House dies, House lives.
You knew the end was coming. Fox and Hugh Laurie made it clear all year that it was the final season for the ever-dependable House. And considering what a morose medic Dr. House (Hugh Laurie) had become by the end, I fully expected him to end up as a chemical experiment by the final scene. So, when it turned out he faked his own death to ride off into the sunset with cancer-stricken friend Wilson (Robert Sean Leonard), it was the most surprising TV redemption since Charlie Sheen got another sit-com.
Knope defeats Newport on Parks And Recreation finale.
Certainly that election we went through in November was worth paying attention to, but the more entertaining race happened back in the spring. That was when the sweetest and most clueless politician in America, Leslie Knope (Amy Poehler), proved that nice candidates can indeed finish first. Her victory over the equally clueless but far richer Bobby Newport (Paul Rudd) was not only funnier than the presidential election. Strangely, it also seemed more real.
Liz Lemon does the impossible on 30 Rock.
From the beginning of this series, the odds of Tina Fey's sad sack character ending up happily married were about as good as consummate capitalist Jack Donaghy's (Alec Baldwin) chances of tackling a mission for Greenpeace. So to watch her finally get her wedding – albeit, wearing a Princess Leia outfit – was as much of a surprise as it would have been to see Liz Lemon battling a zombie apocalypse.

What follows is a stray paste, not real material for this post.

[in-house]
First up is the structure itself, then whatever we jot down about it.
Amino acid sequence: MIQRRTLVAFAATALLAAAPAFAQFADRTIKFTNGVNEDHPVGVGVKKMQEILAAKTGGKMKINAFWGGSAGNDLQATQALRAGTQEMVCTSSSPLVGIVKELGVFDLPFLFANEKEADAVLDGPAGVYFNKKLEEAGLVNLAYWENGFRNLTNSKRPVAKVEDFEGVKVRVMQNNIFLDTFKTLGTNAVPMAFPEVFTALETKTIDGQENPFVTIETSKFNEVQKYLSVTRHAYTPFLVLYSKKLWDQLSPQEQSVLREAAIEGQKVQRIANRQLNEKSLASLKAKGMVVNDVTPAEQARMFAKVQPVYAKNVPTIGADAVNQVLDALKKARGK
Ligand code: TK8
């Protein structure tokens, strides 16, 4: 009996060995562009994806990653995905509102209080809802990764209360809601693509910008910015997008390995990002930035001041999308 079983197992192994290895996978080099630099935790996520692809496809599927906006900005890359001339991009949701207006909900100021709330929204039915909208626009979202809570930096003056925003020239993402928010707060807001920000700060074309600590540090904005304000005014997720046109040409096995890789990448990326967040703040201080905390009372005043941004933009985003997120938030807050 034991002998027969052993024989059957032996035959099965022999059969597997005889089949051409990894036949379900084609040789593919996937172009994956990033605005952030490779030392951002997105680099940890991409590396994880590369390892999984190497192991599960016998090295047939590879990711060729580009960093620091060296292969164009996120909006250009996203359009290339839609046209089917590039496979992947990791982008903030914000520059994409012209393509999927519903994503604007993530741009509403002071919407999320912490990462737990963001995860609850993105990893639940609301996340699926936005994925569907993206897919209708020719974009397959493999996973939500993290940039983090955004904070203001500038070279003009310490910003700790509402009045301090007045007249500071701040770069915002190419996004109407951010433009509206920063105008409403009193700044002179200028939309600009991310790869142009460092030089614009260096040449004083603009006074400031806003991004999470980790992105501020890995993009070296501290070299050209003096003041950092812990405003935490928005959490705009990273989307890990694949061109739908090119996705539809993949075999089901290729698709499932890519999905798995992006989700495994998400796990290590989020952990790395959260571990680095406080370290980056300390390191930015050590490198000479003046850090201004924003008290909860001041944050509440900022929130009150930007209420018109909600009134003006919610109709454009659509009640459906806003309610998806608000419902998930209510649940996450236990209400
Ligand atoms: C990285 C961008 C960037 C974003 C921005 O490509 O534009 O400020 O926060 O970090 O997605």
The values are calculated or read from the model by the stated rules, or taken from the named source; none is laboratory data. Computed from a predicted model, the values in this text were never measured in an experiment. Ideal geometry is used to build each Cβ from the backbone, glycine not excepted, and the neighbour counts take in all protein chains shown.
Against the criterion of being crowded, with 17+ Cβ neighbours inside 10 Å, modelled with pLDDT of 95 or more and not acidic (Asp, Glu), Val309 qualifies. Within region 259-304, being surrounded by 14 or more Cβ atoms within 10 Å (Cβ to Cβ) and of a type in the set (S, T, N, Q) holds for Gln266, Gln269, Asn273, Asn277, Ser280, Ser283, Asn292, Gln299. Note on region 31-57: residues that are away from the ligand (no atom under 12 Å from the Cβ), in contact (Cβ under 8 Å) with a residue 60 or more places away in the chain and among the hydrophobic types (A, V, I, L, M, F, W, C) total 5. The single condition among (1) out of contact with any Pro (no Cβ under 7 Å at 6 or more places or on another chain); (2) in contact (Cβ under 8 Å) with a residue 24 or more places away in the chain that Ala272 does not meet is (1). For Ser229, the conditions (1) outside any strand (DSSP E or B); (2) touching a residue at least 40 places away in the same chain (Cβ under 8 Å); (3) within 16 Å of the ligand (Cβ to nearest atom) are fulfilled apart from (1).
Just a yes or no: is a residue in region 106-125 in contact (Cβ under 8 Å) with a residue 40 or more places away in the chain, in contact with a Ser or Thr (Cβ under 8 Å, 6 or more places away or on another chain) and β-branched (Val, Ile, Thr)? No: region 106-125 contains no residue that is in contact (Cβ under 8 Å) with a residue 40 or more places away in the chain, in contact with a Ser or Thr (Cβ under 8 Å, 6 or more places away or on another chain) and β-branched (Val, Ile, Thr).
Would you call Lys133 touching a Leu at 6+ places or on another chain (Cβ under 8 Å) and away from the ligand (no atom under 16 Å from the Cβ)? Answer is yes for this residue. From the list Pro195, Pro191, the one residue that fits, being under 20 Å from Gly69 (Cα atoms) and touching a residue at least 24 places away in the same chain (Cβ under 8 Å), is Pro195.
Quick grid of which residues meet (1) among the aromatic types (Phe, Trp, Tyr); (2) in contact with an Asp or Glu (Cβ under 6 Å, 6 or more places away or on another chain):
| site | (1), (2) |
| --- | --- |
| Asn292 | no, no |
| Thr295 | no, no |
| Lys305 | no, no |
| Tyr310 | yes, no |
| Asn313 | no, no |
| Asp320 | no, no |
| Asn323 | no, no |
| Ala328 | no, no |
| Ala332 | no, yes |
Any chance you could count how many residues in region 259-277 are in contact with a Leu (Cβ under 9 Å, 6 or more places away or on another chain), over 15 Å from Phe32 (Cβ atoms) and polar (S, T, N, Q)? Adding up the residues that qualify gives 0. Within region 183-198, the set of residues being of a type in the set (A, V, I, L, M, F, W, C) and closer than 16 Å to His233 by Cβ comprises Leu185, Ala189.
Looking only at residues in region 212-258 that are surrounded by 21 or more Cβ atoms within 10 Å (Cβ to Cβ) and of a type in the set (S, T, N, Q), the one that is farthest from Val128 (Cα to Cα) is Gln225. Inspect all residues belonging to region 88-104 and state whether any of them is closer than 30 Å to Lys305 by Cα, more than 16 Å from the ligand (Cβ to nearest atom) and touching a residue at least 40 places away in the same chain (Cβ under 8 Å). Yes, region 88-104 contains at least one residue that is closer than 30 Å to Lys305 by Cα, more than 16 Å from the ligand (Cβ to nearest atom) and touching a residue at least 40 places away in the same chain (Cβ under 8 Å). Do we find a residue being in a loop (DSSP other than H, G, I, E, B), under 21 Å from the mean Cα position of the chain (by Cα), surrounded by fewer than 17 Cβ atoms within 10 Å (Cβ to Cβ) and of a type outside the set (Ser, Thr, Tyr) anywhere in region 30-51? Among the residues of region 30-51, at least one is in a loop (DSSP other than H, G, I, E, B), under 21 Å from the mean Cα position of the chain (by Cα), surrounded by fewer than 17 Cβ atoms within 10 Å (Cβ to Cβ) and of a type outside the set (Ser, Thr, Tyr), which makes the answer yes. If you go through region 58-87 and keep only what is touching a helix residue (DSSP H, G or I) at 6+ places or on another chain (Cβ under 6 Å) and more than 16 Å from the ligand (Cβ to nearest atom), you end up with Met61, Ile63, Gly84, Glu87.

TV's other bachelor settles down on How I Met Your Mother.
This sit-com doles out plot points with the same urgency that PBS NewsHour broadcasts Jennifer Aniston baby watch stories. However, just when you figure it's never going to get around to any big reveals, you learn that the Godfather Of All Bachelors, Barney Stinson (Neil Patrick Harris), and Robin Scherbatsky (Colbie Smulders) are getting hitched. Can the identity of the Mother be far behind?
Honey Boo Boo changes the course of TV history.
She came. She saw. She ate cheese balls. And little Honey Boo Boo became the summer's most buzzed-about celebrity. Here Comes Honey Boo Boo was like, say, that chocolate covered bacon you tried at the county fair: both are odd, trashy and things you'd never publicly admit to trying. And once you sample either, you'll never be able to totally forget the experience no matter how hard you try.
Lindsay Lohan has another accident. This latest travesty, however, did not involve bars, cars or any other stars. Instead, if involved her playing Elizabeth Taylor in the Lifetime movie Liz & Dick. Unlike her multiple arrests, however, this crime will be harder to escape. The film was so unintentionally hilarious that unless Lohan plans on a future career in comedy, her chances of landing another acting gig are not great.
Clint Eastwood Vs. Furniture. Adding this to the list should in no way be construed as an endorsement of one party or another. Rather, I'm just paying tribute to one of the most talked-about TV events of the year, and one that kept late-night comics busy for months afterward. Whatever Eastwood was going for when he pretended President Obama was a chair at the Republican National Convention, it was the most entertaining human/furniture performance since Pee Wee Herman introduced us to Chairy back in the 1980s.